vessels in a specified fishing agreement that meets established 
criteria set forth in 50 CFR 665.819. As an accountability measure, 
NMFS would monitor, attribute, and restrict (if necessary) catches of 
longline-caught bigeye tuna by vessels in the applicable U.S. territory 
(if the territorial catch limit is projected to be reached), or by 
vessels operating under the applicable specified fishing agreement (if 
the allocation limit is projected to be reached). Payments under the 
specified fishing agreements support fisheries development in the U.S. 
Pacific territories and the long-term sustainability of fishery 
resources of the U.S. Pacific Islands.
    This proposed action would directly apply to longline vessels 
federally permitted under the FEP, specifically Hawaii, American Samoa, 
and Western Pacific longline permit holders. As of March 2019, 144 
vessels had Hawaii permits and 46 had American Samoa permits. There are 
no active Western Pacific general longline permitted vessels.
    Based on dealer data collected by the State of Hawaii, Hawaii 
longline vessels landed approximately 32.75 million pounds of pelagic 
fish valued at $101.6 million in 2017. With 145 vessels making either a 
deep- or shallow-set trip in 2017, the ex-vessel value of pelagic fish 
caught by Hawaii-based longline fisheries averaged almost $701,000 per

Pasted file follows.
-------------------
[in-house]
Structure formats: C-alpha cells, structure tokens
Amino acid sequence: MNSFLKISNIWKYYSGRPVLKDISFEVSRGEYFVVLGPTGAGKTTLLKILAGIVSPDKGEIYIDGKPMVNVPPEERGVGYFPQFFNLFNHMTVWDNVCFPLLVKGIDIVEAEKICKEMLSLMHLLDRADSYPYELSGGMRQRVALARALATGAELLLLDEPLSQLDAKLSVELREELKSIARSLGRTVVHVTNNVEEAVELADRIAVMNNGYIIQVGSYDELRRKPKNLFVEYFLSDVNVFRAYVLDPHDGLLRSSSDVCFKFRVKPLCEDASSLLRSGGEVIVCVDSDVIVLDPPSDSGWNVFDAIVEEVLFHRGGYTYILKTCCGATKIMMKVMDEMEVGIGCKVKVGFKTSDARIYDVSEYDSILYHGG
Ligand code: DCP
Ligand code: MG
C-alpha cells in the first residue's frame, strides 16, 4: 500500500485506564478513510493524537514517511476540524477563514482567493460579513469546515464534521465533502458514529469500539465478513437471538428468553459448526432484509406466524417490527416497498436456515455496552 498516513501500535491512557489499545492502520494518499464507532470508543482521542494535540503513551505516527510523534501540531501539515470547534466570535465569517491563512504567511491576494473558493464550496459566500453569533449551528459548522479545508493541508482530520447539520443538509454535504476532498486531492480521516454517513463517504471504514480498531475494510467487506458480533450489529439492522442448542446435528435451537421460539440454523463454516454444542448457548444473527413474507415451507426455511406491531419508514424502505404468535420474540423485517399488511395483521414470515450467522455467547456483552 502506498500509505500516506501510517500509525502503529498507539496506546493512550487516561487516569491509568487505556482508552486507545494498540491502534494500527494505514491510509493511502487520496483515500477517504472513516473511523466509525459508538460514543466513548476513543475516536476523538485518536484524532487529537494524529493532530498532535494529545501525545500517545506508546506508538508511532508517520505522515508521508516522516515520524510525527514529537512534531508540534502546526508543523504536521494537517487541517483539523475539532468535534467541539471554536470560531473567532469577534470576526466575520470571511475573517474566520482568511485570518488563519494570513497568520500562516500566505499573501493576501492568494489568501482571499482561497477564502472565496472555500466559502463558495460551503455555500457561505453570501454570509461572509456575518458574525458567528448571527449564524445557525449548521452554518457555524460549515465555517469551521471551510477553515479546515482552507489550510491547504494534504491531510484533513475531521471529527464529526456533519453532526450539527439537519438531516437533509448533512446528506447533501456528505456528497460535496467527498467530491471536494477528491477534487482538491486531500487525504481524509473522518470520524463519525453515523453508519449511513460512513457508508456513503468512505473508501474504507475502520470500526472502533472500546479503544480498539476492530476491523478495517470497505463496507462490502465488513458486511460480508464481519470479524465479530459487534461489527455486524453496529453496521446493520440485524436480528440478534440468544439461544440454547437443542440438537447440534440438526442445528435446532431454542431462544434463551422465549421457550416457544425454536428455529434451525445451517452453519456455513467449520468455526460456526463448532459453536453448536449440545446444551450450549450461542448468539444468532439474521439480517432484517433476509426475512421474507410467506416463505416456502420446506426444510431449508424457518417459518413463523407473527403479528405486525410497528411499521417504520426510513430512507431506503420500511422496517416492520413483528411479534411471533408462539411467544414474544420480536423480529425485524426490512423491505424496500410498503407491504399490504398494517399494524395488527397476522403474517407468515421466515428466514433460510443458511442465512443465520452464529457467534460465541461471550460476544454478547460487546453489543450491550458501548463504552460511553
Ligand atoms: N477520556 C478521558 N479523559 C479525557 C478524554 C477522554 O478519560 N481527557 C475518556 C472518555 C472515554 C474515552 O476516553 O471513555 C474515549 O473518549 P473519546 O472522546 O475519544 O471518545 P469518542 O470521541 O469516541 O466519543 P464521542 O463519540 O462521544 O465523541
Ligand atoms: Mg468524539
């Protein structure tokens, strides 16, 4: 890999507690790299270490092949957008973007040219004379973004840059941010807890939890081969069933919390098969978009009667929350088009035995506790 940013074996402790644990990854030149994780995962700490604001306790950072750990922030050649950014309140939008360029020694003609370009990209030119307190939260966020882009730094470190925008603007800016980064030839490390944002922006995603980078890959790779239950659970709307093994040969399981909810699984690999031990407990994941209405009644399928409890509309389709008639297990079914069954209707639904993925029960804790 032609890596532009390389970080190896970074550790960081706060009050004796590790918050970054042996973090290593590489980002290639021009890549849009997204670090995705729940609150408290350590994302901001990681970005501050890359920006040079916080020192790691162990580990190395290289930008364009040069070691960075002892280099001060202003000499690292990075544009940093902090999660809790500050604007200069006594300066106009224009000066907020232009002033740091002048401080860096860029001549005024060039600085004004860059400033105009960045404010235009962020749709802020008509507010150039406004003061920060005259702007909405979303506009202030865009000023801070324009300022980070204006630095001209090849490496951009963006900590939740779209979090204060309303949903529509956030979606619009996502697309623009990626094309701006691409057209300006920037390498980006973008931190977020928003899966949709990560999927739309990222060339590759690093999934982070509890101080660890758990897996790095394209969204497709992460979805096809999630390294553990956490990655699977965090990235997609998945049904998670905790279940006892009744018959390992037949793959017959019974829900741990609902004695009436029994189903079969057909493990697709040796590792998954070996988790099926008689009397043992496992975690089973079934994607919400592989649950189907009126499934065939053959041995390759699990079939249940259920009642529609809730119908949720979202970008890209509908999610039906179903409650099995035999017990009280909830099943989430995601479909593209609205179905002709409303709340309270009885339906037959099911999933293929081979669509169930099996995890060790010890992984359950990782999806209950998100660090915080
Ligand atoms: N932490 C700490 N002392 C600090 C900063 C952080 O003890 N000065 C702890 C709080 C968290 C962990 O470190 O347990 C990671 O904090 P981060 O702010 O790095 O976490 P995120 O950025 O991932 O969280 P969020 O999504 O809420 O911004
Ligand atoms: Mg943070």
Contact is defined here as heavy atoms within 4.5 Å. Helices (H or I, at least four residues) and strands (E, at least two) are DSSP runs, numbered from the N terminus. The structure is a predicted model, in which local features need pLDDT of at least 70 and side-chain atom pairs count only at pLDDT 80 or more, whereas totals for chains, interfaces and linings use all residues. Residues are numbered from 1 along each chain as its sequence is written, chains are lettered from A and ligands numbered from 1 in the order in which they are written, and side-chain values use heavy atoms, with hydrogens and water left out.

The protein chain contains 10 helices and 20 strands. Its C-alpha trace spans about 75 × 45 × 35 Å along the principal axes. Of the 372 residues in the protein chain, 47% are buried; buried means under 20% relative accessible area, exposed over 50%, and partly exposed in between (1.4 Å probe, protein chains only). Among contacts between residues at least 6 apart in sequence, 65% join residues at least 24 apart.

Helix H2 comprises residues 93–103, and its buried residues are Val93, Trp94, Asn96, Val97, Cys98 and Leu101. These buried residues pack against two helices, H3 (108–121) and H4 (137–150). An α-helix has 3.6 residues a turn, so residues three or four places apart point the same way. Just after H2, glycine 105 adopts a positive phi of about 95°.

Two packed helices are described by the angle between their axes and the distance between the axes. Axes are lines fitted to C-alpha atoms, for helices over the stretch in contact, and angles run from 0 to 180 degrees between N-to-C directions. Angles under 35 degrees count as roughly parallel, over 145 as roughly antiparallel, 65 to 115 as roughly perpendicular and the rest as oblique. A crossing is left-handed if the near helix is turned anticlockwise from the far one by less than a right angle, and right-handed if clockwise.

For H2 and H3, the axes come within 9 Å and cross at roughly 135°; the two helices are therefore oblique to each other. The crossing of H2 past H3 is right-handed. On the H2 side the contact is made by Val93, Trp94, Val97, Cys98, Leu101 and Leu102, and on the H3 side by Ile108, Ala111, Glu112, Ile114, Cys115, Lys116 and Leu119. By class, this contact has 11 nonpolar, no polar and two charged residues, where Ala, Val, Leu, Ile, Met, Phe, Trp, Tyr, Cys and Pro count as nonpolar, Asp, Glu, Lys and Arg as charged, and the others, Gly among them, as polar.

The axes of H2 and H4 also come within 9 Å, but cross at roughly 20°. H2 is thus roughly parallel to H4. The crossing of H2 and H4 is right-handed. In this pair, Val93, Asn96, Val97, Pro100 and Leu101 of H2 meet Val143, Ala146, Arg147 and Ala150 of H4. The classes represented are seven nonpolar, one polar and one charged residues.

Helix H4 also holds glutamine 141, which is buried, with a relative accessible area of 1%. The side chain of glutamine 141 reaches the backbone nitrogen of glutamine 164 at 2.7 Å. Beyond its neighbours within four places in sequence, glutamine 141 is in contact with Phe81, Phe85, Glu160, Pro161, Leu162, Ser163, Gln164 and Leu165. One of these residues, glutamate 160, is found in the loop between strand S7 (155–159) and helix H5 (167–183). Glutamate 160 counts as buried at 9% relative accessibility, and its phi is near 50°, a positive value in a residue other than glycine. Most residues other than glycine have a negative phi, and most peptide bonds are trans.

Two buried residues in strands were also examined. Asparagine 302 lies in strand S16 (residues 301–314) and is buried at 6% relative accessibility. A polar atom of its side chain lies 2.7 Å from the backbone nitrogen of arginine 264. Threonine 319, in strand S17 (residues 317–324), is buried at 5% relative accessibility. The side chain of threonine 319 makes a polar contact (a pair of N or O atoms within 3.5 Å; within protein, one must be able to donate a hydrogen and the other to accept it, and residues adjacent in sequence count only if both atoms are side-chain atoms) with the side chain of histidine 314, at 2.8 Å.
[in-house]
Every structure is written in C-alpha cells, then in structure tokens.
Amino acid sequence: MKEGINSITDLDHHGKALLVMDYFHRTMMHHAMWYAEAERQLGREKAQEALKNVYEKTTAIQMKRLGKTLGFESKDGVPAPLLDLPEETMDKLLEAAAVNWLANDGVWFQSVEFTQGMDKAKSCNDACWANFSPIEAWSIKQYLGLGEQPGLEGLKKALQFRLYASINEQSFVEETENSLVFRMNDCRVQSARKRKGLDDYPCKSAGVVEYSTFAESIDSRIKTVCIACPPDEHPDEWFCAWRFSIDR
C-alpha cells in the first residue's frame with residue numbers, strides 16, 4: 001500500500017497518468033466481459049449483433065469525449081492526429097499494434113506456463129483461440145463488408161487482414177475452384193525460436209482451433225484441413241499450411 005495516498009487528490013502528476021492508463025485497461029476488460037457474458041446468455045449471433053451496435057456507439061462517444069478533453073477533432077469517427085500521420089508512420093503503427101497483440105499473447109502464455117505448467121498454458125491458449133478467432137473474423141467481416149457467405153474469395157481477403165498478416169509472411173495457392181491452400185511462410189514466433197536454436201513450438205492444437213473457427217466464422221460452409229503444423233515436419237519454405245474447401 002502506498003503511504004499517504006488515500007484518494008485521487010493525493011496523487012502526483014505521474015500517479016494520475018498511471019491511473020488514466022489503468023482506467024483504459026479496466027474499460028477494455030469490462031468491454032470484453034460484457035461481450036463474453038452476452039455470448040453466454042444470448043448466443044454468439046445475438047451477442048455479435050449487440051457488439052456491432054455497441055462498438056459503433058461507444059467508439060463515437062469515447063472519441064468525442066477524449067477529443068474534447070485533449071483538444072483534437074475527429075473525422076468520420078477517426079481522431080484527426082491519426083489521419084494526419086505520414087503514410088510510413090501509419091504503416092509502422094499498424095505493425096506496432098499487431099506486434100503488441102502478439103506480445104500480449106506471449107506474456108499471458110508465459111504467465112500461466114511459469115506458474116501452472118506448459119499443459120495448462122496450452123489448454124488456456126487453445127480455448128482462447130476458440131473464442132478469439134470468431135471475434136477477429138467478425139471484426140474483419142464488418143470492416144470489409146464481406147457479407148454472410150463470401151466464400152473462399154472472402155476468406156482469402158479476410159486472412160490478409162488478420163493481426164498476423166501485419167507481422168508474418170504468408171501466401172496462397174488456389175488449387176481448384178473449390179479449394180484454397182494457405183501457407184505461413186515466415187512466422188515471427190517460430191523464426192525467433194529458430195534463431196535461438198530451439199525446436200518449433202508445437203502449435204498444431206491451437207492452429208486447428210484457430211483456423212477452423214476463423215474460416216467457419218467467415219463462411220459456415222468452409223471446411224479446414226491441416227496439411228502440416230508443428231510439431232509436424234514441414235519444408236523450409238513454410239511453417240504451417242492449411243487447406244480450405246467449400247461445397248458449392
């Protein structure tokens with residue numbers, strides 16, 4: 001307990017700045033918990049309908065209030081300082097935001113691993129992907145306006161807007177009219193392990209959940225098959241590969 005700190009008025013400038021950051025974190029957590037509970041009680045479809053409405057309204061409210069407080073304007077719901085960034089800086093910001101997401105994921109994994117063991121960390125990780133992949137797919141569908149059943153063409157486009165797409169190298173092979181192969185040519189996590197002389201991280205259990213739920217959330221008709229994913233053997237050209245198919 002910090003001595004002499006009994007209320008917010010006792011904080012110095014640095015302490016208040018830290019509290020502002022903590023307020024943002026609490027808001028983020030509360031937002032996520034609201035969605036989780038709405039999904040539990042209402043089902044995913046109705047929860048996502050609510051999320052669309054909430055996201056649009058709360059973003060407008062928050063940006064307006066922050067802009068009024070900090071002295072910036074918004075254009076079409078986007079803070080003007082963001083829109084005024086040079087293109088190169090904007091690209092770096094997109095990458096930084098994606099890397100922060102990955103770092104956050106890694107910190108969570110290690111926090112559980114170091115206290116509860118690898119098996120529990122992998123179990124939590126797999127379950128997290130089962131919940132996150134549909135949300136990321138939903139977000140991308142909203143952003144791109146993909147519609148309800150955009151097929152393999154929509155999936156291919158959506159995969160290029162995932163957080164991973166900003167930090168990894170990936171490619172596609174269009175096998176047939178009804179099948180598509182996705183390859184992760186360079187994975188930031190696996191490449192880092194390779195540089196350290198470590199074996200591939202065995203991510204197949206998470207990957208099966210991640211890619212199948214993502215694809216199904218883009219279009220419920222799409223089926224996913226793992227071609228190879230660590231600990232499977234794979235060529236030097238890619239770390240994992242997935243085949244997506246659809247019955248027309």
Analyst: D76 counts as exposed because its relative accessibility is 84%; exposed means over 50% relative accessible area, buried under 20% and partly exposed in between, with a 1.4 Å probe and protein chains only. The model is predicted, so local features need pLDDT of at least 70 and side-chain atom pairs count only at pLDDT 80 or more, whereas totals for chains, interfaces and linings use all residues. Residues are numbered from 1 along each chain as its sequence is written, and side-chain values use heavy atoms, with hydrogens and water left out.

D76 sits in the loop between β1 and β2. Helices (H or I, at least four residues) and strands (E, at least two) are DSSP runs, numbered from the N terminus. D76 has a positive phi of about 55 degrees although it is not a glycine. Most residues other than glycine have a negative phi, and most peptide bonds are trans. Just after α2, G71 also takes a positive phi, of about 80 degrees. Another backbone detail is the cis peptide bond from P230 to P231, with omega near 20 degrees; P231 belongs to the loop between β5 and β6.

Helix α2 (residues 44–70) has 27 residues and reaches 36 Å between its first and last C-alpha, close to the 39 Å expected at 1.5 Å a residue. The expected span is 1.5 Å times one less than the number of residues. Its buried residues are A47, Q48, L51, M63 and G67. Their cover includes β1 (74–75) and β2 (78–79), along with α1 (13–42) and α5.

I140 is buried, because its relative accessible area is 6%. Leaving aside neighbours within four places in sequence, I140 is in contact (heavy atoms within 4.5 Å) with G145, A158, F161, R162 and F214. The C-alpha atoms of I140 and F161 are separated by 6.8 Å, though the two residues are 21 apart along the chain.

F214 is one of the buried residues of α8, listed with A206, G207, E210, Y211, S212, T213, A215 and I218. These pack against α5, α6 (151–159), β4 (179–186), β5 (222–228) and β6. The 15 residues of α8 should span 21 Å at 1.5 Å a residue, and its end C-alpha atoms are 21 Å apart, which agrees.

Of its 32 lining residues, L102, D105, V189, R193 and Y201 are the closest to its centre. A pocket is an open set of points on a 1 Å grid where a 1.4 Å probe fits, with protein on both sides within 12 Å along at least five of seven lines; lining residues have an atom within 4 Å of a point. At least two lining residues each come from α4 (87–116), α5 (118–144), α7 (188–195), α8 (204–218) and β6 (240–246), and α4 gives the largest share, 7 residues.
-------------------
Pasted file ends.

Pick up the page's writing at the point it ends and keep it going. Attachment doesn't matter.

vessel. In 2017, American Samoa-based longline vessels landed 
approximately 4.8 million pounds of pelagic fish valued at $4.7 
million, where albacore made up the largest proportion of pelagic 
longline commercial landings at 3.04 million pounds. With 15 active 
longline vessels in 2017, the ex-vessel value of pelagic fish caught by 
American Samoa fishery averaged about $313,333 per vessel.
    NMFS has established a small business size standard for businesses, 
including their affiliates, whose primary industry is commercial 
fishing (see 50 CFR 200.2). A business primarily engaged in commercial 
fishing (NAICS code 11411) is classified as a small business if it is 
independently owned and operated, is not dominant in its field of 
operation (including its affiliates), and has combined annual receipts 
not in excess of $11 million for all its affiliated operations 
worldwide. Based on available information, NMFS has determined that all 
vessels permitted federally under the FEP are small entities, i.e., 
they are engaged in the business of fish harvesting (NAICS 114111), are 
independently owned or operated, are not dominant in their field of 
operation, and have annual gross receipts not in excess of $11 million. 
Even though this proposed action would apply to a substantial number of 
vessels, the implementation of this action would not result in 
significant adverse economic impact to individual vessels. The proposed 
action would potentially benefit the Hawaii longline fishermen by 
allowing them to fish under specified fishing agreements with a 
territory, which could extend fishing effort for

[[Page 26396]]

bigeye tuna in the western Pacific and provide more bigeye tuna for 
markets in Hawaii and elsewhere.
    In accordance with Federal regulations at 50 CFR part 300, subpart 
O, vessels that possess both an American Samoa and Hawaii longline